Rationale and Design of ASCEND: a Phase 3b Study Evaluating Higher Dose Nusinersen in Risdiplam-Treated Participants with Spinal Muscular Atrophy


Clinical Trials

Poster Number: 83


Nancy Kuntz, MD, Ann & Robert H. Lurie Children’s Hospital, Chicago, IL, USA., Tim Hagenacker, MD, Universitätsklinikum Essen, Essen, Germany, Basil Darras, MD, Department of Neurology, Boston Children’s Hospital, Richard Finkel, MD, St. Jude Children’s Research Hospital, Memphis, TN, USA., Eugenio Mercuri, Paediatric Neurology and Centro Clinico Nemo, Catholic University and Policlinico Gemelli, Fondazion, Jacqueline Montes, PT, EdD, Columbia University Medical Center, Michelle A. Farrar, MD, PhD, Sydney Children’s Hospital Network and UNSW Medicine, UNSW Sydney, Valeria A. Sansone, MD, PhD, Neuromuscular Omniservice Clinical Center, Neurorehabilitation Unit, Univ. of Milan, Milan, Italy, Zdenek Berger, PhD, Biogen, Cambridge, MA, USA, Drew MacCannell, PhD, Biogen, Cambridge, MA, USA, Changyu Shen, PhD, Biogen, Cambridge, MA, USA, Angela D. Paradis, ScD, Biogen, Cambridge, MA, USA, Justin Bohn, ScD, Biogen, Cambridge, MA, USA, Kathleen Somera-Molina, PhD, MSci, Biogen, Cambridge, MA, USA

Background: Nusinersen 12 mg (approved dose) has demonstrated a positive benefit–risk profile in infants, children, teenagers, and adults with SMA. Pharmacokinetic/pharmacodynamic modeling indicates higher dose nusinersen (2 loading doses of 50 mg 2 weeks apart followed by 28 mg maintenance doses every 4 months) may achieve higher cerebrospinal fluid (CSF) exposure, potentially providing greater benefit than 12 mg nusinersen. Pharmacokinetic population modeling shows steady-state CSF nusinersen exposure is similar across wide ranges of body weights. Risdiplam is an RNA splicing modifier approved for SMA patients ?2 months old. Subgroup analysis from SUNFISH showed improved scores on the 32-item Motor Function Measure with risdiplam in younger participants with Type II/III SMA (age 2–5 years); however, efficacy was lower in participants aged 6–25 years. While this may be due to disease progression, and motor neuron loss over time, lower risdiplam exposure may also be an important contributor. We hypothesize that due to the 5 mg risdiplam dosing cap, lower risdiplam exposure in patients >20 kg may limit the potential for optimal benefit among these patients.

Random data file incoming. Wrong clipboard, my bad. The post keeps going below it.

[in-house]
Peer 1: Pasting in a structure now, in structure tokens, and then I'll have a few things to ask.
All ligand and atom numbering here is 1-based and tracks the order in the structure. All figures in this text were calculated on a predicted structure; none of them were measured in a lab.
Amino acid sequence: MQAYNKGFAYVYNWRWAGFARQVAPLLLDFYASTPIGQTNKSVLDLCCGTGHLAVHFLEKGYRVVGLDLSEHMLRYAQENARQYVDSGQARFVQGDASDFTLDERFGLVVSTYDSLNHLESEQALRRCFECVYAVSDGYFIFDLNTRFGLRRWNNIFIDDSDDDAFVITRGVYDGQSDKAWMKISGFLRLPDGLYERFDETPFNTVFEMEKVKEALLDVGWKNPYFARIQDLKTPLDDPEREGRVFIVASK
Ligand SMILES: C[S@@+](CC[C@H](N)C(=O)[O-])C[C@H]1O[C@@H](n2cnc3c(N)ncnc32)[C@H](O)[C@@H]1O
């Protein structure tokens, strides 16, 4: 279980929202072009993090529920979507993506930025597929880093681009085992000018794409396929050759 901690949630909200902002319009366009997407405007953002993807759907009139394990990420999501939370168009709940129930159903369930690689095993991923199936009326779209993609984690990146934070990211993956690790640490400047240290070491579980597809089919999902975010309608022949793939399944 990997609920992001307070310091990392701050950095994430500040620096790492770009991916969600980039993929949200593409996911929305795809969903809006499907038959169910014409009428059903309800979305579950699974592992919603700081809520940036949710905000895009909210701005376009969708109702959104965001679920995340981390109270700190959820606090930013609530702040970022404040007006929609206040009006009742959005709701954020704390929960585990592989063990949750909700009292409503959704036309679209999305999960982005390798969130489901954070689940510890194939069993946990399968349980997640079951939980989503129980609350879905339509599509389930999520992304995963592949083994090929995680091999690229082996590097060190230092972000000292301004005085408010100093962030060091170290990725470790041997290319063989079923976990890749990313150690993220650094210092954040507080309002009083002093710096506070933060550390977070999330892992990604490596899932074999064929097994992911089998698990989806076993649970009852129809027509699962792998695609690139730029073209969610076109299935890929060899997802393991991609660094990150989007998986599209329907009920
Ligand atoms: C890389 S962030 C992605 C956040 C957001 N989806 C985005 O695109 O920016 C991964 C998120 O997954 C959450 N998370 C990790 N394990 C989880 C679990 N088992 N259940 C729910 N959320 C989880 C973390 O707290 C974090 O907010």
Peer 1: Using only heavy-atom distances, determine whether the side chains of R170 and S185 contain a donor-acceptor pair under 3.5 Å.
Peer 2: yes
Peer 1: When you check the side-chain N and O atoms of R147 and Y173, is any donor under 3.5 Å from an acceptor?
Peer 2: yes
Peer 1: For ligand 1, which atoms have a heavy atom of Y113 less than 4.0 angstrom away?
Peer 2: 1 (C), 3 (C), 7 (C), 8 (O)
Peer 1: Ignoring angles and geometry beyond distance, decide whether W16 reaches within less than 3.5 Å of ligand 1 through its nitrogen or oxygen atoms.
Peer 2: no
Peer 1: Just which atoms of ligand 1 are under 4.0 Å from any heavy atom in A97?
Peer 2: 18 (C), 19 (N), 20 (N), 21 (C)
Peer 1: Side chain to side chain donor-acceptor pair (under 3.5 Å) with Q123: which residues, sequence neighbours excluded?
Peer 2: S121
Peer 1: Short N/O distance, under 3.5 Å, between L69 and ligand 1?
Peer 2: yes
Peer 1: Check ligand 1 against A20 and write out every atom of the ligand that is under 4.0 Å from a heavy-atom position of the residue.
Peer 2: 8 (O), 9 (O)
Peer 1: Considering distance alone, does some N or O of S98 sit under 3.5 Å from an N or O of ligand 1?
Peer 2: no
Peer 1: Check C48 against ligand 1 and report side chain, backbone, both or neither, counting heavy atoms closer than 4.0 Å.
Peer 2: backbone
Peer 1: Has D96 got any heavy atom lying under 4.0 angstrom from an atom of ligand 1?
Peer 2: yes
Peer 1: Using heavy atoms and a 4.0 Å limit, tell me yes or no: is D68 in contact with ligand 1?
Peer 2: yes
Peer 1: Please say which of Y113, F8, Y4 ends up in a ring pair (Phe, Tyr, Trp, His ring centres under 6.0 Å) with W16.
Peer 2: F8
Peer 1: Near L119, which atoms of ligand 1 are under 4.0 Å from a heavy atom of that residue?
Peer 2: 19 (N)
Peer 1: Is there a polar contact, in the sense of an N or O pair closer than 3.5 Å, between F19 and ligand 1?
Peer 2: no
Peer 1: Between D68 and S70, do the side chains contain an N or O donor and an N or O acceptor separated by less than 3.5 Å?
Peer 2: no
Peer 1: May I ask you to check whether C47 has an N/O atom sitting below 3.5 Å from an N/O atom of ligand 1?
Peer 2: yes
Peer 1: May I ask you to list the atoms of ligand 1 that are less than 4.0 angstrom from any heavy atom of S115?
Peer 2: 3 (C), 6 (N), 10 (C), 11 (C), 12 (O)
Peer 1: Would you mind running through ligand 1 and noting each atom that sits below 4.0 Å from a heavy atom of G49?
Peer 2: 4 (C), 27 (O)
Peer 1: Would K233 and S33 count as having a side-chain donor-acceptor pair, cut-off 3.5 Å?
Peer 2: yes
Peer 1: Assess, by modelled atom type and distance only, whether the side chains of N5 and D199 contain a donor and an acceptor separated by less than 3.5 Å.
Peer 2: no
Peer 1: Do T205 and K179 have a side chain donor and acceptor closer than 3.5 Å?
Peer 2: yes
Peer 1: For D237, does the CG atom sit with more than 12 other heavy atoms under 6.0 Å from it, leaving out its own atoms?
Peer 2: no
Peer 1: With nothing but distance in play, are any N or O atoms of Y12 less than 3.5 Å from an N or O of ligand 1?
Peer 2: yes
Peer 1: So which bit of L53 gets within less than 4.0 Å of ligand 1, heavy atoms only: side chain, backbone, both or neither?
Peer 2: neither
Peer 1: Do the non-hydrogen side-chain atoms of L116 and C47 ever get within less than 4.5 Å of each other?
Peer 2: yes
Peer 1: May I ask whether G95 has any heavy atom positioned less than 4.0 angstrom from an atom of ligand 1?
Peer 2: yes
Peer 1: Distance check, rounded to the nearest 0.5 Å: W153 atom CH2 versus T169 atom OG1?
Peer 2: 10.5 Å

Objectives: Describe the design of ASCEND (NCT05067790), an open-label, single-arm study of higher dose nusinersen in participants with SMA previously treated with risdiplam.
Results: ASCEND will enroll later-onset, non-ambulatory participants with SMA (symptom onset age >6 months) who were previously on risdiplam (stopped treatment pre-enrollment) and are either nusinersen-naïve or nusinersen-experienced. Nusinersen-naïve participants must be age 5–39 years and have received risdiplam for ?6 months and ?12 months pre-enrollment. Nusinersen-experienced participants must be age 18–39 years, stopped nusinersen ?16 months pre-enrollment, and received risdiplam for ?12 months and ?18 months pre-enrollment. ~135 participants at 40 sites globally will receive higher dose nusinersen for ~2 years with a visit 4 months after the last nusinersen dose. Endpoints include the Revised Upper Limb Module, safety, and other clinical assessments.
Conclusions: ASCEND will evaluate the benefit-risk of higher dose nusinersen in participants with SMA previously treated with risdiplam.
Study Support: Biogen